A trio of American scientists was awarded the Nobel Prize in physiology or medicine for revealing the mechanisms of the cellular clock that regulates biological changes in complex organisms across a 24-hour span.

Working at Brandeis University in the 1980s, Jeffrey C. Hall and Michael Rosbash uncovered the genetic basis of circadian rhythms in fruit flies. Michael W. Young collaborated with Hall and Rosbash from Rockefeller University to isolate the key gene, which had been named “period” by scientists who had surmised its existence.

Hall, Rosbash and Young would go on to discover a variety of genetic and cellular mechanisms that keep the circadian clocks of living things ticking in sync with the Earth’s daily rotation.

Rosbash remains on the faculty at Brandeis University in Waltham, Mass., where Hall is a professor emeritus of biology. Young is still at Rockefeller University in New York City.

For some years, a team led by Hall and Rosbash competed against a team led by Young to be the first to clone the genes the group discovered. But the threesome, now friends, have been widely recognized as the co-discoverers of the genetic mechanism underlying the circadian clock in complex organisms.

They were awarded the Hong Kong-based Shaw Prize in life sciences and medicine in 2013, an honor that may have paved the way for the Nobel Committee’s recognition.

The work honored Monday sheds light on how all multicellular creatures undergo regular changes in body temperature, hormones, metabolism and behavior that keep time with different phases of the day.

While the scientists conducted much of their pioneering work on fruit flies, the circadian clock is a powerful factor in human health as well. It helps explain how jet lag and other disruptions to our evolved cycles of sleeping and waking can wear us down and contribute to disease.

Their research has laid the foundation for research into how the time of day influences everything from the way we think to how our bodies store calories or respond to medications. In a world that’s open for business 24/7, research has shown that people who try to defy their circadian rhythms will eventually come up against the biological limits of their cells’ internal clocks.

“Since the seminal discoveries by the three laureates, circadian biology has developed into a vast and highly dynamic research field, with implications for our health and well-being,” the Nobel committee said in its announcement Monday in Stockholm, Sweden.

Dr. Francis S. Collins, director of the National Institutes of Health, said the trio’s work “is informing treatments for sleep disorders, obesity, mental health disorders, and other health problems.” The NIH has invested more than $30 million in their studies.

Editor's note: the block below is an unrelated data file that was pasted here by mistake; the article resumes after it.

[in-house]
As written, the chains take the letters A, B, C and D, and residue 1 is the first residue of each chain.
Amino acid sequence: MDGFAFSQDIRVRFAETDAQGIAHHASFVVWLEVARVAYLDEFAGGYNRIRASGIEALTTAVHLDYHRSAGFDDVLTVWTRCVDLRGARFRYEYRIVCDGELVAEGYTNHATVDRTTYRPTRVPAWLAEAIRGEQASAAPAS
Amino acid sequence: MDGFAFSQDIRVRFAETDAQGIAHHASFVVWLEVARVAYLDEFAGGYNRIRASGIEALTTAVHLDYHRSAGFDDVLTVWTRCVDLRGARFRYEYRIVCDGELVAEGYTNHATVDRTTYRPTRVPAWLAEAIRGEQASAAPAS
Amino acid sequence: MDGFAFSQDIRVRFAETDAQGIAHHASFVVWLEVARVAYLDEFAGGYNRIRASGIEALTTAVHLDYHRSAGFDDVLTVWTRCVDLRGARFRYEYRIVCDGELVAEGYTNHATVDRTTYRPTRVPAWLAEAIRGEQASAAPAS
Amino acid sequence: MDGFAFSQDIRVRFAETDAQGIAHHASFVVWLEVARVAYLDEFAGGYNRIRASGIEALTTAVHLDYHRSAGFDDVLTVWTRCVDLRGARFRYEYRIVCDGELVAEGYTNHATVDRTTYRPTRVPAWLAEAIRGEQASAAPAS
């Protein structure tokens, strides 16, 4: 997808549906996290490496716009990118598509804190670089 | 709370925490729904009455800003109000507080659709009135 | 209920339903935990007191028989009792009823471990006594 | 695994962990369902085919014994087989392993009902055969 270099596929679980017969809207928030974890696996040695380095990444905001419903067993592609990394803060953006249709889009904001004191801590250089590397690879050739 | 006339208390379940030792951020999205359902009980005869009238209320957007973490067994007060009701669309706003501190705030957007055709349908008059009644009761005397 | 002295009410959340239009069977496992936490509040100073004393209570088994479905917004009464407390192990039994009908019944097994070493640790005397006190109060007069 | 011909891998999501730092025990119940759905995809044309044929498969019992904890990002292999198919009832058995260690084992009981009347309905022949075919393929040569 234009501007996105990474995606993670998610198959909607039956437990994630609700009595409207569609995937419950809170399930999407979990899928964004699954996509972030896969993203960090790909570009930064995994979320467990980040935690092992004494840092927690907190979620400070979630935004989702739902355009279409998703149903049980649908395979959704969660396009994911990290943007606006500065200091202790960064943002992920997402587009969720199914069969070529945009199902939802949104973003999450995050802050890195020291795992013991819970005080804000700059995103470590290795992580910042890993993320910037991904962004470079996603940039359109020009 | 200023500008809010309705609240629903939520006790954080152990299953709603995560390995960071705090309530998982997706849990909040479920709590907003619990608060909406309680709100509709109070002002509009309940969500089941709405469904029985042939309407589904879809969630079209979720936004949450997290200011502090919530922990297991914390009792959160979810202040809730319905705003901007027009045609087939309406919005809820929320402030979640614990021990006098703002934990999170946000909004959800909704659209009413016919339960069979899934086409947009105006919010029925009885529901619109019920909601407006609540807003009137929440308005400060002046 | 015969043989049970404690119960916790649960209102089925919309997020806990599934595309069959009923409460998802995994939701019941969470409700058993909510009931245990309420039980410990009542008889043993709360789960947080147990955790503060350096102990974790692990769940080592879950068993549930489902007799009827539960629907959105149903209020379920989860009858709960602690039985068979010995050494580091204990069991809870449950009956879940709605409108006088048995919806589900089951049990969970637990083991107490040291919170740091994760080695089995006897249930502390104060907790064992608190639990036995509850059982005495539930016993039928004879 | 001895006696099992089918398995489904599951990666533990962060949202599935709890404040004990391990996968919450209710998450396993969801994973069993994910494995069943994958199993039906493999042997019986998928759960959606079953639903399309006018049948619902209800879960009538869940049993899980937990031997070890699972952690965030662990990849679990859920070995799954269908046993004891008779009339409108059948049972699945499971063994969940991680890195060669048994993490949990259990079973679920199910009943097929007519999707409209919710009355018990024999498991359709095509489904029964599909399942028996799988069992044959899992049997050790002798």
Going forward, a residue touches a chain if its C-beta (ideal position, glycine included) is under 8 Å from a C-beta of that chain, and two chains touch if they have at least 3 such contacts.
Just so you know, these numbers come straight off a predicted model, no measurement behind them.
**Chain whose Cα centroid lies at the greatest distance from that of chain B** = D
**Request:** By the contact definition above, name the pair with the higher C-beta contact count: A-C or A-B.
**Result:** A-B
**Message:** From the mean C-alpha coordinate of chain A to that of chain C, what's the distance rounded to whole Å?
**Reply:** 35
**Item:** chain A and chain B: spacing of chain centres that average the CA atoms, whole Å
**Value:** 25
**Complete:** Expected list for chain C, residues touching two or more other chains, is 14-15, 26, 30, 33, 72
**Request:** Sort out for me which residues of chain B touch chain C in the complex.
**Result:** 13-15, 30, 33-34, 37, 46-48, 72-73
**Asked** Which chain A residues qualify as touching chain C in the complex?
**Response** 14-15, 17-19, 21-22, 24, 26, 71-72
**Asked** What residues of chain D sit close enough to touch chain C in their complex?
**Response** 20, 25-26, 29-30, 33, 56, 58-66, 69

The work also underscores the sustained influence of our common environment on creatures up and down the evolutionary ladder. The genetic mechanisms that keep fruit flies on a 24-hour cycle governed by day and night are the same as those for humans.

The research is “a great example of how studying fundamental biological processes in model organisms such as fruit flies reveals important principles that translate into a deeper understanding of human biology and disease,” said Jon R. Lorsch, director of the NIH’s National Institute on General Medical Sciences.

In its citation for the $1.1-million prize, the Nobel Assembly at Sweden’s Karolinska Institute said the researchers “were able to peek inside our biological clock and elucidate its inner workings.”

That process unfolded in many steps.

Hall, Rosbash and Young isolated the period gene in 1984. It would take several more years for Hall and Rosbash to see that the protein encoded by that gene — called PER — went through a daily cycle of accumulating during the night and depleting over the course of the day.

How was that rhythm sustained? Hall and Rosbash surmised that some feedback loop was at work, whereby the buildup of PER protein inside the cell might dial down the period gene’s activity. But they puzzled over how that shutoff signal was sent from the cytoplasm, where PER protein was produced, to the cell nucleus, where the genetic machinery was located.

That mystery was solved in 1994, with Young’s discovery of a second clock gene, which he called “timeless.” That gene also appeared to be required for organisms to maintain normal circadian rhythm, by encoding the production of a protein called TIM.

Young’s “elegant work,” the Nobel Committee wrote, showed that when the TIM and PER proteins were bound together, they were able to enter the cell nucleus. There, they blocked the activity of the period gene and closed the feedback loop.

Over time, Young would go on to find a third timekeeper gene, which he dubbed “doubletime,” that would allow a more precise alignment of protein levels with a 24-hour cycle. Hall, Rosbash and Young have identified additional proteins required for the activation of the period gene, as well as for the mechanism by which light can synchronize the clock.

Rosbash explained that the day-night cycle was the original environmental influence on humans and other living beings.

“Before the atmosphere has its current constitution and before nutrition was anything like it is today, the Earth rotated on its axis and the light-dark cycle impinged on the beginnings of life,” he said Monday in an interview with Nobel officials.

Rosbash added that when he received the pre-dawn call from Stockholm, he was so shocked that his wife had to remind him to breathe.

Young, too, said he struggled to digest the news.

“I’d go and I’d pick up the shoes, and then I’d realize I need the socks,” he said during a news conference. “And then I realized I needed to put my pants on first.”

The award brings the number of U.S.-born Nobel laureates to 259.

source: LA Times